Ask Lowes and Home Depot to Stop Killing Bees

Vintage Valentines -"Won't-cha BEE my lovin' honey?"

If you haven’t heard, Friends of the Earth is swarming (ahem) Home Depot and Lowes with cards around Valentines Day, asking these retailers to “show the bees some love” and stop selling bee-killing pesticides (neonicotinoids) and garden plants which have been pre-poisoned with such pesticides.

In our opinion, systemic pesticides, like Imidacloprid (which is a neonictinoid) should preferably not be used at all, and certainly should not be sold casually to uninformed consumers in big box stores.  If you want to read more about the relationship between these poisons and bees, check out this Wikipedia article: Imidacloprid Effects on Bees

The Valentine’s Day stunt is just that, a stunt, but a cute one, and a worthwhile one, too. We’re going to send our Valentines off this year, and we hope you’ll join us.

If you give Friends of the Earth your email address, they’ll send you a reminder, a printable valentine, and further instructions about where to mail your cards.  Go here for that.

Oh, and here’s a petition on the subject to the two stores’ CEO’s as well.

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  1. went out this morning to check the feeder and my bees are GONE! We’ve been getting nice mild days, but freezing nights for almost 2 months now, so presume they are DEAD.

    • I am so very sorry about your bees! What strange timing with our post, too. I’ll send an extra Valentine in your bees’ name.

    • I don’t want to say I don’t trust the ACSH, but its views are suspiciously similar to those of the pesticide manufacturers that help fund it.

      There’s a funny but relevant Daily Show clip from a few years back that ‘features’ the ACSH.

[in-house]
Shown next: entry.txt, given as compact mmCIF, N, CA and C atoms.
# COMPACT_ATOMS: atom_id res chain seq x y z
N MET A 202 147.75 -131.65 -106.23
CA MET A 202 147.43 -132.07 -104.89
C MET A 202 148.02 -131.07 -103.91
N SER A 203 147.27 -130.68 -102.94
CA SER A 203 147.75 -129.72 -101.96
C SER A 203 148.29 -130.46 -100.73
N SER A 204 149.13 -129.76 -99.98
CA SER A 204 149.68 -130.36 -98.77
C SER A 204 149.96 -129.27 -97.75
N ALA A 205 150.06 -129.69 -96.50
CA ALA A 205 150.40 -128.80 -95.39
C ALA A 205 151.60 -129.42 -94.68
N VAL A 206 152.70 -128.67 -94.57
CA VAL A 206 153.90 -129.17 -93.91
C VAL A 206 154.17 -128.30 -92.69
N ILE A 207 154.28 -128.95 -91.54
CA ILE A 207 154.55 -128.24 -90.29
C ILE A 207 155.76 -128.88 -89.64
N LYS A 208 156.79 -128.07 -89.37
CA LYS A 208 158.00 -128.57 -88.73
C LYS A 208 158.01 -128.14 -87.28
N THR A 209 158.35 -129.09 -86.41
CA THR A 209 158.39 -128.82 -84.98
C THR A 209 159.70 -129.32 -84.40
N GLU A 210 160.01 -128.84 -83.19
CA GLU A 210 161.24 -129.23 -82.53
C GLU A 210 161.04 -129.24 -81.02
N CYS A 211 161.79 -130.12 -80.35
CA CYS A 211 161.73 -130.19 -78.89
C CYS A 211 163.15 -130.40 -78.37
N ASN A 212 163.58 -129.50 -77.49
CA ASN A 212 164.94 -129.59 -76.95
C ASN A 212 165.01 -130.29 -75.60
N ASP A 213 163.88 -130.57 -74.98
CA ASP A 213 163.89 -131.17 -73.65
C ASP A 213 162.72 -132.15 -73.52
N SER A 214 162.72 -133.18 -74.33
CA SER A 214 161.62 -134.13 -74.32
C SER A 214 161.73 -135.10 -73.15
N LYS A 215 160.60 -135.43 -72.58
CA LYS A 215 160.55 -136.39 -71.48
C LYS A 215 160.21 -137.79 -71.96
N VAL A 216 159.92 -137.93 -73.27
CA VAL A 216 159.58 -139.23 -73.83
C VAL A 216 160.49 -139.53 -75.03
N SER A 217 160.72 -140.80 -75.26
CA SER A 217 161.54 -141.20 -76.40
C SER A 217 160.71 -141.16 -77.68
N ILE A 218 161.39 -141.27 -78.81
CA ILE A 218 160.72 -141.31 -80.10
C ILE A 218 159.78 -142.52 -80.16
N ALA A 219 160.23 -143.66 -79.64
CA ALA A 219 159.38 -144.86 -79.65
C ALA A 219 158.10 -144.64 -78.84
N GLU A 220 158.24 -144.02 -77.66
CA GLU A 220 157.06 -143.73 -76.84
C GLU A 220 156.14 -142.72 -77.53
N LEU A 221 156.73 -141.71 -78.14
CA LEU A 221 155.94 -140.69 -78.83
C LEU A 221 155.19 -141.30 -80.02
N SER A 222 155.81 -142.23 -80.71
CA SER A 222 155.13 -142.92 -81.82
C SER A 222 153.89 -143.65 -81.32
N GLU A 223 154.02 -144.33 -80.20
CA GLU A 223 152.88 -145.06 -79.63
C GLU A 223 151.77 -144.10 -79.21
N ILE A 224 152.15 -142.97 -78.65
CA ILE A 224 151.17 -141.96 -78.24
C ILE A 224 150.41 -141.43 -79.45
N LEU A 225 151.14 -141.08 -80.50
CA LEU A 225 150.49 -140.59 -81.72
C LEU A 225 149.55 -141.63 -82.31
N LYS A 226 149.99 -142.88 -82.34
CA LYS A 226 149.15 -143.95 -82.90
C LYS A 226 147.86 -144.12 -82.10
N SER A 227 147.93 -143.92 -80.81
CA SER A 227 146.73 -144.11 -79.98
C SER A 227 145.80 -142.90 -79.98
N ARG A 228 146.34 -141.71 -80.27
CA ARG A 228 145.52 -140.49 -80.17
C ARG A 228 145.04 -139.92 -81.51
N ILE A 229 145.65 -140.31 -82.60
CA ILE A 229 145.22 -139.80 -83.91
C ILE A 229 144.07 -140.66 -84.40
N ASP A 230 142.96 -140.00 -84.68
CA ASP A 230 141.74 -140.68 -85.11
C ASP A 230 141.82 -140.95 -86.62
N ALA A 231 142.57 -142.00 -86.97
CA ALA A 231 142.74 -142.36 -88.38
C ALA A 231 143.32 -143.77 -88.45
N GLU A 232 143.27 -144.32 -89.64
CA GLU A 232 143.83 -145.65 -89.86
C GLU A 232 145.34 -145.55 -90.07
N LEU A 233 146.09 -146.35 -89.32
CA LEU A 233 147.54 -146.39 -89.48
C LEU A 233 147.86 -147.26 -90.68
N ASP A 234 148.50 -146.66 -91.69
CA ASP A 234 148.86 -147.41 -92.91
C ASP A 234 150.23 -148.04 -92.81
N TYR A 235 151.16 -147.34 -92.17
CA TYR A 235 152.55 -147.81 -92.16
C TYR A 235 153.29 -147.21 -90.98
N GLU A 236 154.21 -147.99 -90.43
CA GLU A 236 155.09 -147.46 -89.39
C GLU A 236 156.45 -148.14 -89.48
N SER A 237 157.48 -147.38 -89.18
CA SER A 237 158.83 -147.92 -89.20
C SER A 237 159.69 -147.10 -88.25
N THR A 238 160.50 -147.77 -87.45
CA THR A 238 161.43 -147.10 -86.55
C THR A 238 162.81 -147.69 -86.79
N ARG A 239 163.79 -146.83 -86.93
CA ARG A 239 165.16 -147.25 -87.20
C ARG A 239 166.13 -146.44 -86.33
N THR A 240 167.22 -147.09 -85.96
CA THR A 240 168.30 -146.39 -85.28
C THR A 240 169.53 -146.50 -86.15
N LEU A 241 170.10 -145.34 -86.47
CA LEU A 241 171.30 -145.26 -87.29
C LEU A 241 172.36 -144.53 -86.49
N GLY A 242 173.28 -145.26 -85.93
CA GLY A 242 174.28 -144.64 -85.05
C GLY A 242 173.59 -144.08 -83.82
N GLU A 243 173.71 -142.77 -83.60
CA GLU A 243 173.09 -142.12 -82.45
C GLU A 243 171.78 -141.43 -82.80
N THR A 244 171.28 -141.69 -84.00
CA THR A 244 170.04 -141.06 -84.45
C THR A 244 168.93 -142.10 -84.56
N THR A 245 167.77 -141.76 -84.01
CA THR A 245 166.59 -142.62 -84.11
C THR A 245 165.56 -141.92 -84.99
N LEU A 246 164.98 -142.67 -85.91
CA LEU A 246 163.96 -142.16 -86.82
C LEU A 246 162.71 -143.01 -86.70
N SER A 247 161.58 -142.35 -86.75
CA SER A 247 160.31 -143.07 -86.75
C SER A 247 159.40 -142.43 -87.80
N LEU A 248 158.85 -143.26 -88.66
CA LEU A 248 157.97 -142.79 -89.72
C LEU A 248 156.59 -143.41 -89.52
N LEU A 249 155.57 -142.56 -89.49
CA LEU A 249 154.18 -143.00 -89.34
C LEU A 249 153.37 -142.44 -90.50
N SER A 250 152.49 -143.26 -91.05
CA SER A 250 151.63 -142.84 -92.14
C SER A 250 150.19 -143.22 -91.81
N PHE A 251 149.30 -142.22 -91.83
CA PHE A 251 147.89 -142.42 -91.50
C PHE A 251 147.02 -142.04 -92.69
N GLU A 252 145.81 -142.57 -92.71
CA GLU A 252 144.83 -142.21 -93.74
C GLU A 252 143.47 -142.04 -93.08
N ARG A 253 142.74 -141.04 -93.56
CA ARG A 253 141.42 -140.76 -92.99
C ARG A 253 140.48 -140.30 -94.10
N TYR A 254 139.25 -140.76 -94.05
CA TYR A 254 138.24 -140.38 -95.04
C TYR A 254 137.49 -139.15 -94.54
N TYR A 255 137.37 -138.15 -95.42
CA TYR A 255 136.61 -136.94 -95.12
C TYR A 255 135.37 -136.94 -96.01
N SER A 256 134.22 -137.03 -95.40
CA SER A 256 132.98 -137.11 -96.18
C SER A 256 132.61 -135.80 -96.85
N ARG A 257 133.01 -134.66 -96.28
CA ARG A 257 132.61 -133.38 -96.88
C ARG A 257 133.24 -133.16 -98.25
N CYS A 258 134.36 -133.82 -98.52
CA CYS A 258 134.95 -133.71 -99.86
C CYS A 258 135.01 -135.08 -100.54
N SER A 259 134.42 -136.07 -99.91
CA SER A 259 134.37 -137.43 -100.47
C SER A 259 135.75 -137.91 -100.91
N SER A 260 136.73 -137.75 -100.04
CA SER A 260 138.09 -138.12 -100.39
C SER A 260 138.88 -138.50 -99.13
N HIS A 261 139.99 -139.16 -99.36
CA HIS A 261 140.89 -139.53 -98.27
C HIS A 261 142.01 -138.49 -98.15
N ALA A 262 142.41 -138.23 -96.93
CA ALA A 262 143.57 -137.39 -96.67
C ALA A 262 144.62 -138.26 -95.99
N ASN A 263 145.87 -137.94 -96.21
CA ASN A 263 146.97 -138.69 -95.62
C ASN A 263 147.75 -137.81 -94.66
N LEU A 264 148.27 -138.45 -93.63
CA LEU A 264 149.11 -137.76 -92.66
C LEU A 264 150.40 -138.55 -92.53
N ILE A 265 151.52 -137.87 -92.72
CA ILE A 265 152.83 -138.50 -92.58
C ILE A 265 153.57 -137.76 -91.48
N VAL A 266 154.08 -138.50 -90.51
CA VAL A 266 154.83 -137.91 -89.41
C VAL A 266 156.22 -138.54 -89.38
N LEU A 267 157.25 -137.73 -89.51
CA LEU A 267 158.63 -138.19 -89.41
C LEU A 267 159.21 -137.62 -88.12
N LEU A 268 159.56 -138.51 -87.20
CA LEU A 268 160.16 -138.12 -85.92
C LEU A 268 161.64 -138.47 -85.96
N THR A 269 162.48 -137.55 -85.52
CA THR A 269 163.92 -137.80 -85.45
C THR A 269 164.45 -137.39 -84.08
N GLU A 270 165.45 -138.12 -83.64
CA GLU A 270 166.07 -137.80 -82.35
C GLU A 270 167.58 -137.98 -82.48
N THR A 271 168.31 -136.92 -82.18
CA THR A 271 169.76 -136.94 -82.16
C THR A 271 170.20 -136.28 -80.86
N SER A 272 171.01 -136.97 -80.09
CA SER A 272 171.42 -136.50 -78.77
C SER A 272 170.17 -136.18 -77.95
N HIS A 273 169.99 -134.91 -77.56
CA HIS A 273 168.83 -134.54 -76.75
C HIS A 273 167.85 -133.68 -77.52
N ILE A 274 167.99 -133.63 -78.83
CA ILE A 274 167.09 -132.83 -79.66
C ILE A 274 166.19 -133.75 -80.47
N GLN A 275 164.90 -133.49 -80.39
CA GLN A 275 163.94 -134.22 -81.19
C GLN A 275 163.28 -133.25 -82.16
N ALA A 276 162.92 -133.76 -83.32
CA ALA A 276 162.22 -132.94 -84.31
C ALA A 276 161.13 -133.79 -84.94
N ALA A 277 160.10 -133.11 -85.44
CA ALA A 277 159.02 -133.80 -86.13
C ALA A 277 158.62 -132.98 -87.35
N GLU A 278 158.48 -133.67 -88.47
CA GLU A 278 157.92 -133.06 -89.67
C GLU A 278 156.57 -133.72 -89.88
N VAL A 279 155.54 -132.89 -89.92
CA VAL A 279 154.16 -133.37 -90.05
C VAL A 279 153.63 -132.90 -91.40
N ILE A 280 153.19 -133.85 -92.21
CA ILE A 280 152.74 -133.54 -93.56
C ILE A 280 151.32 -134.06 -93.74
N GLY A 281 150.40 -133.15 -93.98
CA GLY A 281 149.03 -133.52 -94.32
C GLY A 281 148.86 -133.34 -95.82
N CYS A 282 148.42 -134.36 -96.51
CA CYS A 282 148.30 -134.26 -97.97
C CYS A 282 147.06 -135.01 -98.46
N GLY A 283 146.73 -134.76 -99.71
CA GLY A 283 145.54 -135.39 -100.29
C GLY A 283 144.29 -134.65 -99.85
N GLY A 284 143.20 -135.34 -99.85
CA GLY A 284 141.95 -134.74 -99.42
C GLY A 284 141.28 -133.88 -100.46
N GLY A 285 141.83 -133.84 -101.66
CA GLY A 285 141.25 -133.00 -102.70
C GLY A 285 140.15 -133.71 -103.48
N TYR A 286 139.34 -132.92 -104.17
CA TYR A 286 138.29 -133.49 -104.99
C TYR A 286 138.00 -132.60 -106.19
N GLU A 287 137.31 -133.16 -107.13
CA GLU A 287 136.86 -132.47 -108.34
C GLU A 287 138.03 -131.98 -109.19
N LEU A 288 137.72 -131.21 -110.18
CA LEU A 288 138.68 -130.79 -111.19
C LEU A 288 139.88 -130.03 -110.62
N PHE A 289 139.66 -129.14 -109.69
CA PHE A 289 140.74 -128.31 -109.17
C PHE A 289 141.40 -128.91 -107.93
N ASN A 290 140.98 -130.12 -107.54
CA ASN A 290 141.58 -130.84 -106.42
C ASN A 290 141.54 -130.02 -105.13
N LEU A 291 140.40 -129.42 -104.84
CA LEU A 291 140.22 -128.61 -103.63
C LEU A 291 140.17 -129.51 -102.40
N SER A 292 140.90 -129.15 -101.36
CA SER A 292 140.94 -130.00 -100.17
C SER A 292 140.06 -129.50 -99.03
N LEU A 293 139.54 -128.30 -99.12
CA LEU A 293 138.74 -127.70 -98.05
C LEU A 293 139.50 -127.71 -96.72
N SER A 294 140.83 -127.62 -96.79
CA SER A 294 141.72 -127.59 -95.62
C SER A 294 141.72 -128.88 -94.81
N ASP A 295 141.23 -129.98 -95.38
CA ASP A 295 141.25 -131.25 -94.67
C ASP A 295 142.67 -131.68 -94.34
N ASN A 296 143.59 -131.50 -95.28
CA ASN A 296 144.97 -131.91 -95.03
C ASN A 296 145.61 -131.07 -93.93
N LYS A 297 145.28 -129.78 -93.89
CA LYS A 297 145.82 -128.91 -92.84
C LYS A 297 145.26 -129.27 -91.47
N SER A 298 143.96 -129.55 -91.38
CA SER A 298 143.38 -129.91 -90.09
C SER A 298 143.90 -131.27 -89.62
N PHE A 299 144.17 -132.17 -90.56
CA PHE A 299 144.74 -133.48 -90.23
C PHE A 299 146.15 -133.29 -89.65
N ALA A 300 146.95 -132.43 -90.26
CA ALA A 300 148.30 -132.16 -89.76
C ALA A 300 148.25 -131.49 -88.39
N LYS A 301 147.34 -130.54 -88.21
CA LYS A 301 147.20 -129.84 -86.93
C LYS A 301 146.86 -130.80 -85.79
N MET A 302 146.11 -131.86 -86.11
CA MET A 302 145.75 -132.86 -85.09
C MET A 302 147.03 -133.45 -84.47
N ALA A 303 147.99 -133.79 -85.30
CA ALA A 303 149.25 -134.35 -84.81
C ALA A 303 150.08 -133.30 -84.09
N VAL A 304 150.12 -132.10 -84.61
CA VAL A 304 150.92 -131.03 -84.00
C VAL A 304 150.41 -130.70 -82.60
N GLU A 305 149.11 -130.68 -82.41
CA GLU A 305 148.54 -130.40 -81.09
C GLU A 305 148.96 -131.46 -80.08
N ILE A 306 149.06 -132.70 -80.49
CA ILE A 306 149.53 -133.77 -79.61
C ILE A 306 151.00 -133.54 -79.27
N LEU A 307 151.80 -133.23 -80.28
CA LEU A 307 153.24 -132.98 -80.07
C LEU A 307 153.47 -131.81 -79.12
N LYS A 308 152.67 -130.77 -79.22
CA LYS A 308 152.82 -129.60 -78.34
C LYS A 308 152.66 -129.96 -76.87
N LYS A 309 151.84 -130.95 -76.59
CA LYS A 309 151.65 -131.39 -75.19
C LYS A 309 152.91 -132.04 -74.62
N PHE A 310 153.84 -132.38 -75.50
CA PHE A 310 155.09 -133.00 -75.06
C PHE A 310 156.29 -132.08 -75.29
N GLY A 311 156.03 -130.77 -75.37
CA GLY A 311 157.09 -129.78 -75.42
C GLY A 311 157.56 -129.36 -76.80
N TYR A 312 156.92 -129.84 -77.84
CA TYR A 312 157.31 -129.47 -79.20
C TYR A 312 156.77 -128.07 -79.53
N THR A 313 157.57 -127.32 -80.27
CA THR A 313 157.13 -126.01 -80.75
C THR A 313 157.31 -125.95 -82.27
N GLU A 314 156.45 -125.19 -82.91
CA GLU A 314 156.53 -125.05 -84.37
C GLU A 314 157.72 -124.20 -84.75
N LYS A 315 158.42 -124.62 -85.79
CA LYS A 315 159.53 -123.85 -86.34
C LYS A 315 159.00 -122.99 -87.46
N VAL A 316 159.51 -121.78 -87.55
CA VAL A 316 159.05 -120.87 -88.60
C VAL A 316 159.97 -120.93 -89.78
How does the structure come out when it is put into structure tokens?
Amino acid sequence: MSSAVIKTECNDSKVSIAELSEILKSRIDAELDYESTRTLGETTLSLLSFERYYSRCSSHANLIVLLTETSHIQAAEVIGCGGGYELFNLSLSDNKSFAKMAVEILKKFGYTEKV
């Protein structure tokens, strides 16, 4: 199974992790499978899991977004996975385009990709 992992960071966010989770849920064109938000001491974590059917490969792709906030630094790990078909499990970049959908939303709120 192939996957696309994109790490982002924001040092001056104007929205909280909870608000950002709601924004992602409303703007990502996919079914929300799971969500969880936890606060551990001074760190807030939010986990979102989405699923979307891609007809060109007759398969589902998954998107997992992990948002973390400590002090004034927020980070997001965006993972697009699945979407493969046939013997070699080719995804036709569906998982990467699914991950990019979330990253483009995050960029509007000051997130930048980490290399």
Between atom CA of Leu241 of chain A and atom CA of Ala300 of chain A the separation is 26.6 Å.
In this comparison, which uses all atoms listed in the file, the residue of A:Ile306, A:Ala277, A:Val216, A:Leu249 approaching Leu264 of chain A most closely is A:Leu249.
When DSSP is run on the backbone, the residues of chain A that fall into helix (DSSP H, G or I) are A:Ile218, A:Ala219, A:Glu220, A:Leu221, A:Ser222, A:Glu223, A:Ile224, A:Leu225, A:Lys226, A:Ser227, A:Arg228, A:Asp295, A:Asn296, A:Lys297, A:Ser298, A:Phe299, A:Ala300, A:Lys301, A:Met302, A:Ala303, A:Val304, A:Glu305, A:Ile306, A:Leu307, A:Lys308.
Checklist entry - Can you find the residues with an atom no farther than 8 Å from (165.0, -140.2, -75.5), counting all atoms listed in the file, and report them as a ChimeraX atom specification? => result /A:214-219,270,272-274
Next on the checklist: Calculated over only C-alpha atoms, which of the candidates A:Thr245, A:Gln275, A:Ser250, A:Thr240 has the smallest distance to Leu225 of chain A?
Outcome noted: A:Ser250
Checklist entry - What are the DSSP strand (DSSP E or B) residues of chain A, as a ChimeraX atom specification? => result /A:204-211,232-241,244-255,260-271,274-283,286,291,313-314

I’m not saying viruses don’t play a part in CCD–my understanding is that the current research suggests a number of factors are combining to fuel a sort of perfect storm for honeybees; viruses and pesticides are just two of many contributing factors. The USDA ARS site has more info:

    • I also suspect that whatever is ailing the honeybees is likely a constellation of stressors. And once an organism is stressed, it becomes more vulnerable to lesser threats, ones which might not slow down a healthier organism, so a snowball effect occurs. That said, it can’t hurt to take these pesticides off the big box shelves, so at least backyard bees won’t have to deal with them.

      Ad thanks for the links, Jake!

    • Consider where this latest report came from, Max–a gov’t agency. I don’t trust their impartiality. No doubt a “plant virus” of some sort (results of GMO, maybe?) could affect bees, but it’s much more likely pesticides are the culprit. We need to get back to nature–back to home remedies for removing pests. We’re creating an imbalance of nature, and there are consequences.

  2. Synchronicity: this morning the Mercola post is also on bees and includes a viewing of Queen of the Sun: What are the Bees Telling Us. The link is very long; if of interest, just google “Mercola” and “Queen of the Sun.”

    “The keeping of bees is like the direction of sunbeams.”
    – Henry David Thoreau

  3. Last year I bought a few plants from Lowes, not knowing about all this! (3 coneflower plants, rhododendron shrub, weiglia) I’m just learning about this insecticide and don’t know much about it but that it kills all insects. How long does it take for the toxin to get off the plant, can you keep spraying the plant or wash it off? Or are these plants just doomed to always be killing insects? I’m planning to make my yard a monarch waystation (I’ve started an Indiegogo project, all linked to on my blog!

    • Well, there’s a lot here. First, are you sure your plants were treated? I don’t know that they treat all of their plants. You could call and ask. In terms of time, all we know is that when citrus plants out here are sprayed with similar insecticides, it takes 6 months for the chemicals to wear off. So six months might be a good round number. We’re guessing here–this stuff is complex, so best avoided entirely, IMHO.

      We avoid big box plants as a rule, since besides this problem, they are often in poor health, not suitable for the local climate, and sometimes carry diseases. A couple years ago contaminated tomato seedlings being sold in big box stores caused East coast gardeners no end of grief by infecting their gardens with Early Blight.

      If you have any native plant nurseries/botanical gardens in your area you may want to visit them–they will have all sorts of ideas for monarch friendly plants, and likely very nice, insecticide-free stock.

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